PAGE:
Expedia (Nasdaq: EXPE) said late Monday that business recovered from the September 11th terrorist attacks faster than initially predicted, with the online travel company posting better-than-expected results for its fiscal first quarter of 2002, including earnings (before non-cash items and expenses) of US$15.1 million.
The net loss for the quarter ended September 30th, meanwhile, narrowed to $4.8 million from $30.8 million a year earlier.
According to president and chief executive officer Richard Barton, the expansion of Expedia’s hotel and package-focused merchant business helped it “weather the storm” experienced by the travel industry since the events of September 11th.
“While we expect these events to continue to affect our results, the steadily recovering travel business and our strong balance sheet will allow us to continue to build on our past successes,” Barton said.
Expedia’s pro forma first-quarter earnings compare with a loss of $1.6 million in the year-earlier quarter. The latest results came in at 24 cents per share, topping the 15 cents expected by analysts.
Hotels Up, Flights Down
Revenue rose 89 percent from a year earlier to $79.5 million, as higher sales of hotel, car, package and other bookings offset a drop in revenue from air tickets and licensing activities, Expedia said.
Gross travel bookings of $723 million were 55 percent higher than in theyear-earlier quarter, but 10 percent below second-quarter levels, astravelers cancelled reservations following the attacks.
Expedia shares rose early Tuesday, gaining 9 percent, or $2.63, to reach $31.86 by mid-morning.
Expedia chief financial officer Gregory Stanger said the results “reflect acombination of a very successful partial quarter and a difficult final threeweeks.” Transaction volume during the first half of October rebounded tobetween 80 and 85 percent of early-September levels and was up 50 percentfrom the same period last year, Stanger said.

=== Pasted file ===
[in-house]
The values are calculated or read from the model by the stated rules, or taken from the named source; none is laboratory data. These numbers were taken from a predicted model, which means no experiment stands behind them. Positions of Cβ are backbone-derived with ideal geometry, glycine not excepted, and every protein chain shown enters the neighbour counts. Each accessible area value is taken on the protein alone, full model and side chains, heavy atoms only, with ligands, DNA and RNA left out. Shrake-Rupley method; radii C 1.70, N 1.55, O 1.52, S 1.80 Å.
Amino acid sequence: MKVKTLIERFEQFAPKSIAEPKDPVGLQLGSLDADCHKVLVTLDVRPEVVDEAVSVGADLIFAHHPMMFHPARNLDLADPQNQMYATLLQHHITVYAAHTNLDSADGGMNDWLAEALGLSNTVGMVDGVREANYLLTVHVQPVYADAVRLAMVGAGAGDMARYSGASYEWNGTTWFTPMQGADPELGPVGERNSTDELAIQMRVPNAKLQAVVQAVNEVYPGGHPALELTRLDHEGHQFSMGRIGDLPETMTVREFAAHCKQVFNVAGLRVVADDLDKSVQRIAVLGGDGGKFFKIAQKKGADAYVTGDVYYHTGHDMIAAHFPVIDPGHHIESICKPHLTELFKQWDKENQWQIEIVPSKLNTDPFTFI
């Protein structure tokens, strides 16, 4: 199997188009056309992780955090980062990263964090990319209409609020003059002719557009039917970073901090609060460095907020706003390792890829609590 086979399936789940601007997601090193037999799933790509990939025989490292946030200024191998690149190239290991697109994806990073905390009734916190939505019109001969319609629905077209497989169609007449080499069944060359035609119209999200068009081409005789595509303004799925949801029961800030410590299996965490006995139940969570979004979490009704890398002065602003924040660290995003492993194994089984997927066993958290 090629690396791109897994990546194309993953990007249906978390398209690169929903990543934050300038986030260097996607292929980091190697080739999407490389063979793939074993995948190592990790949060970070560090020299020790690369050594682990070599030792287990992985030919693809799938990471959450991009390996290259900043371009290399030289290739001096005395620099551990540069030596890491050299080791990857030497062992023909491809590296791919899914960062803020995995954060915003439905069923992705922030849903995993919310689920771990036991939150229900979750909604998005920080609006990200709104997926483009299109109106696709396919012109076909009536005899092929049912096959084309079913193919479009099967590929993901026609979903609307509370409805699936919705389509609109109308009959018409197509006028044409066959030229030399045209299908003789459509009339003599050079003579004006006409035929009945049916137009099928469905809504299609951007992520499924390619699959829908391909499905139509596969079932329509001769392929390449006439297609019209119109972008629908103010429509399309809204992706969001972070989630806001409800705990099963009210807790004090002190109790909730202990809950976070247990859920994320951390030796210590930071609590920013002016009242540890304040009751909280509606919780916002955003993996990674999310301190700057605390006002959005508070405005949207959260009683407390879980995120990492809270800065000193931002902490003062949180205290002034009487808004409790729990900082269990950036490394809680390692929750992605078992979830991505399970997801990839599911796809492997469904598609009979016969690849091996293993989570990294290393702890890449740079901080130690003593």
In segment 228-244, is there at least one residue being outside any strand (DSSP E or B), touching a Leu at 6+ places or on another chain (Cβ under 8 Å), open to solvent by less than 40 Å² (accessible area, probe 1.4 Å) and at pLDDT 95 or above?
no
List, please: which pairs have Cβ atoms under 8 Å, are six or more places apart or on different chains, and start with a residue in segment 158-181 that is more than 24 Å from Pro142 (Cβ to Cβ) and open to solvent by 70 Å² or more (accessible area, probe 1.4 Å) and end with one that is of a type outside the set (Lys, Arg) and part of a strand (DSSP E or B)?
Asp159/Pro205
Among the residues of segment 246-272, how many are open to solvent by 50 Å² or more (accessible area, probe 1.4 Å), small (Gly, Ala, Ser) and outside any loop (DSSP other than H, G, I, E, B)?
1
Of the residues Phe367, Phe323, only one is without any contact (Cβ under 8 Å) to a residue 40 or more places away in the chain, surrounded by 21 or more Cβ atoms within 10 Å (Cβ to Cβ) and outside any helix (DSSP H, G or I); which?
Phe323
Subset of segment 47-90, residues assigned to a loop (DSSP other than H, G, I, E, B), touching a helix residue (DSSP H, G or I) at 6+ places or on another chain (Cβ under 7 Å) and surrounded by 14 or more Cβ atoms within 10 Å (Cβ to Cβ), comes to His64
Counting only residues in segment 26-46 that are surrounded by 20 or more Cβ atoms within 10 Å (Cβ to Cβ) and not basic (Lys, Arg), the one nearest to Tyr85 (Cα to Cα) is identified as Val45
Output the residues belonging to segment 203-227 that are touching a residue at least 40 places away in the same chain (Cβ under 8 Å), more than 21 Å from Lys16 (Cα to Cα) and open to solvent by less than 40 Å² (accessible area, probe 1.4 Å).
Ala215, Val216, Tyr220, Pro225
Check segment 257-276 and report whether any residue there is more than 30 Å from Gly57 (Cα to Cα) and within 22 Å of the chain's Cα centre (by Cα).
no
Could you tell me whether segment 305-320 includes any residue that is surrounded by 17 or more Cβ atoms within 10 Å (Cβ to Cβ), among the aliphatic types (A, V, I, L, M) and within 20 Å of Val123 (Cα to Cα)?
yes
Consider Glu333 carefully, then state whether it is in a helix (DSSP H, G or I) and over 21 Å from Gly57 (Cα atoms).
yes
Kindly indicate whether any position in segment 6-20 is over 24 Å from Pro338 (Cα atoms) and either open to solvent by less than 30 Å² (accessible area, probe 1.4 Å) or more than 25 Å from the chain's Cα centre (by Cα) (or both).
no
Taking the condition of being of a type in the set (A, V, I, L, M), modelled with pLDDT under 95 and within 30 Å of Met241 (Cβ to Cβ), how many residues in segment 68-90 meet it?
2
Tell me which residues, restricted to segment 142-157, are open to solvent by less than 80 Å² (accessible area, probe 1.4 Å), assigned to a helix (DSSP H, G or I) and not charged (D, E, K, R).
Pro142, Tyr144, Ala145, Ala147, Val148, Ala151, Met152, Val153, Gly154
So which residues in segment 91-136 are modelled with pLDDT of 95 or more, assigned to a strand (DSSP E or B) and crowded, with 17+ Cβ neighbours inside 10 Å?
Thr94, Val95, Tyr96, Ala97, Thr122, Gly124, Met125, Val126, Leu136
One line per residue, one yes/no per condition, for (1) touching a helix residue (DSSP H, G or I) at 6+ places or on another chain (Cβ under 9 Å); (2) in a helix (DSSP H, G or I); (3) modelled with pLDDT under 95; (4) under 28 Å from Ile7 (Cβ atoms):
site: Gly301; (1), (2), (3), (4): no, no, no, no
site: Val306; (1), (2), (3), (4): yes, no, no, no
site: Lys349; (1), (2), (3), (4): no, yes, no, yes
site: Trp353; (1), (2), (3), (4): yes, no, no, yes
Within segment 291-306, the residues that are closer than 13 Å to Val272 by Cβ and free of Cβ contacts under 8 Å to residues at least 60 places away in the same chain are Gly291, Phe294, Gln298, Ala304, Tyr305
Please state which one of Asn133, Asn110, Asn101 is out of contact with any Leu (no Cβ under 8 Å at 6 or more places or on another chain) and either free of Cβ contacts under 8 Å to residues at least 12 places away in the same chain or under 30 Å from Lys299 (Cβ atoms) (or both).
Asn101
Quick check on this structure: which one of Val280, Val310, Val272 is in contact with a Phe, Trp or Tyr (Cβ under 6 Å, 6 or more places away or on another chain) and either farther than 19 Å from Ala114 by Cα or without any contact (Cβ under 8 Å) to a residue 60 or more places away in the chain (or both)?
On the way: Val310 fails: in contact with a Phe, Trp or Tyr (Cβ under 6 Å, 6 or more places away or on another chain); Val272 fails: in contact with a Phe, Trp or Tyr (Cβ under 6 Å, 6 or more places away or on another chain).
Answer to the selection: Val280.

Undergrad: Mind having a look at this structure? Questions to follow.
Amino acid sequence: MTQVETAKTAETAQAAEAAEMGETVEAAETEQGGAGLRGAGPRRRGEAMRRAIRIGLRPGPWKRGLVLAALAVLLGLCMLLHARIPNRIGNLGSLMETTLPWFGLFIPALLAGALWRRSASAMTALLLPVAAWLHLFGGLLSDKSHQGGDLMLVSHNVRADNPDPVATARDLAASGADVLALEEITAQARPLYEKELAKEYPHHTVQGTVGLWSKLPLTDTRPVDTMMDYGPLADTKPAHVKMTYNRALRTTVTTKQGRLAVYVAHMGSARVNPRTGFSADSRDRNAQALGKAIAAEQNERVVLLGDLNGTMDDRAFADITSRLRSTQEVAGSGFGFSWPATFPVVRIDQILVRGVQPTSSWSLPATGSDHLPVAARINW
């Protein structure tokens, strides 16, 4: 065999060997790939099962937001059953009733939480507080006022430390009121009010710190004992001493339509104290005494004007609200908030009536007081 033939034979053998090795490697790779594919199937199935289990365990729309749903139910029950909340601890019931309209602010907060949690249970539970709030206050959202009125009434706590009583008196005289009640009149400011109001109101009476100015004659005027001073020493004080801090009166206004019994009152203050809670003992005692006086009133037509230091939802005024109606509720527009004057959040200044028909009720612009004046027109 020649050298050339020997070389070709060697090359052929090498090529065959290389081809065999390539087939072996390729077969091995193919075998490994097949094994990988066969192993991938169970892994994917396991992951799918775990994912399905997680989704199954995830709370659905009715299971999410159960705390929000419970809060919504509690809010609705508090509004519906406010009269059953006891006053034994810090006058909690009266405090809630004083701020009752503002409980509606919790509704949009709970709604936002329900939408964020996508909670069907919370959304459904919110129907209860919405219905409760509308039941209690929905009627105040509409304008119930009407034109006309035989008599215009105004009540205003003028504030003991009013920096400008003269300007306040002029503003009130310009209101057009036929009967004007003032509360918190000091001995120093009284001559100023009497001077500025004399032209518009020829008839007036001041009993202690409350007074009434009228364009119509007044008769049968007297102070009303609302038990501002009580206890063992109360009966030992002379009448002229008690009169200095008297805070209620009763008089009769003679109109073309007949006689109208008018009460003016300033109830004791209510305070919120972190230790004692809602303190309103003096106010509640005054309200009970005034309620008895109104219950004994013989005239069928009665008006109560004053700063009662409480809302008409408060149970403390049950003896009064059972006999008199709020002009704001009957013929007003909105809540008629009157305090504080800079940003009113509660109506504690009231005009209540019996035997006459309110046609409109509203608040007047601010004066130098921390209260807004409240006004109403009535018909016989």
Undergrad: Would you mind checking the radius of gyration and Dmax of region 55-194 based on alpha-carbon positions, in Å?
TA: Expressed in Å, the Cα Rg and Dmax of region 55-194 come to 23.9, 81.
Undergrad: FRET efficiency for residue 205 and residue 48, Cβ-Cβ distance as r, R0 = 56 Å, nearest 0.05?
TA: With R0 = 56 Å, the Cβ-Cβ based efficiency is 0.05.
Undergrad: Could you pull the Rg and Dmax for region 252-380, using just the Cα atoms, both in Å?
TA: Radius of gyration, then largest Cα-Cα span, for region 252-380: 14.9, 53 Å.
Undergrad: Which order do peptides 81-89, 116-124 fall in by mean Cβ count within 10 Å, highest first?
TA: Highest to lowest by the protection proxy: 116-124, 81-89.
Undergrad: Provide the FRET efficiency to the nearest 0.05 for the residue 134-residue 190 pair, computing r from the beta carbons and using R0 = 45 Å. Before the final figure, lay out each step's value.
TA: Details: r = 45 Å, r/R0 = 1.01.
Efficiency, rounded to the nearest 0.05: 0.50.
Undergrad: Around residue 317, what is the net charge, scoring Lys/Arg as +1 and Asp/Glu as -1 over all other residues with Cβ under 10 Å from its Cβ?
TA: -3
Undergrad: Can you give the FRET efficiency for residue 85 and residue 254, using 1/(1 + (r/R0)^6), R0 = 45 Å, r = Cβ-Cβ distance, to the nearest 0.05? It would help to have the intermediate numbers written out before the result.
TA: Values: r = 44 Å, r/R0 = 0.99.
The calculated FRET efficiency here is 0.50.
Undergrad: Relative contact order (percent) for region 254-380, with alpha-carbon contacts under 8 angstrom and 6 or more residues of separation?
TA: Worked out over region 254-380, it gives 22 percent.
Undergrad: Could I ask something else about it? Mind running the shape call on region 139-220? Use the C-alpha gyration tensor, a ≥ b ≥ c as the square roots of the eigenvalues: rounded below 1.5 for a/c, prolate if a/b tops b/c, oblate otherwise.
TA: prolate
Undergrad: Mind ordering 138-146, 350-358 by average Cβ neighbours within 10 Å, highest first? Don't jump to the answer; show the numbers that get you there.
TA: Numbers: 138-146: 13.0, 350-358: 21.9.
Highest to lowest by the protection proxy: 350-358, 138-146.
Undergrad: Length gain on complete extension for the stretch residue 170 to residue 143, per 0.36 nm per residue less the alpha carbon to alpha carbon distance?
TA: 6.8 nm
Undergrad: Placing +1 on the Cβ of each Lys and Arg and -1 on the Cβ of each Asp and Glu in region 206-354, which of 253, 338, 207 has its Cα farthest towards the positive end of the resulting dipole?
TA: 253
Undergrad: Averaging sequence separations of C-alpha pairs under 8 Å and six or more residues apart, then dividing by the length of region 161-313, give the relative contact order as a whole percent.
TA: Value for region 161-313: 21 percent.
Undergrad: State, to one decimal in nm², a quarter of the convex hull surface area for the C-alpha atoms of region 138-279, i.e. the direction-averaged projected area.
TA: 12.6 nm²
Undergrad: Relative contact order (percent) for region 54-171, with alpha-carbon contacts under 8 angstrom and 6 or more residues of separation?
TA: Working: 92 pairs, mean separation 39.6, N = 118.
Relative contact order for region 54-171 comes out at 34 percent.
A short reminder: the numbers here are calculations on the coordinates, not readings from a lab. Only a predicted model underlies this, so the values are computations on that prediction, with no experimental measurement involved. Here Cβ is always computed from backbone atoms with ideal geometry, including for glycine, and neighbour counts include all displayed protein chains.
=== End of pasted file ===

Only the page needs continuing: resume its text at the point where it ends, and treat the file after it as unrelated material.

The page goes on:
Looking ahead, Expedia said it expects earnings before non-cash items of $4 million to $5 million for the current quarter, on revenue of about $60 million. For the year ending in June, the company said it expects revenue of about $310 million and earnings of about $40 million before non-cash items and other expenses associated with the planned sale of a majority stake in Expedia to USA Networks.
USA Networks is set to acquire a 75 percent share in Expediafrom owner Microsoft in an all-stock deal, although Expedia shares have been trading below the range the deal requires.
Goldman Sachs analyst Anthony Noto repeated his view of Expedia as a marketoutperformer following the report.
“The merchant model, combined with unique technology, drove market-share gains and solid margins in a tough environment,” Noto wrote in a research note.
Expedia’s diversification across travel sectors like air, packages, lodging and cars, along with its technology and planned alliance with USA Networks, make the stock an “attractive investment for long-term investors,” Noto wrote.
Expedia rival Travelocity (Nasdaq: TVLY) also performed better thanwas predicted. On October 18th, the company said profit reached a record $4.9 million in the quarter endedSeptember 30th, even as revenue dropped.
In the days just after the attacks, online travel companies lowered their outlooks for the quarter, asairlines canceled flights and customers delayed travel plans. Since then,however, Internet travel has started to recover.
Another big online travel company, Priceline.com (Nasdaq: PCLN), isscheduled to report quarterly results November 1st.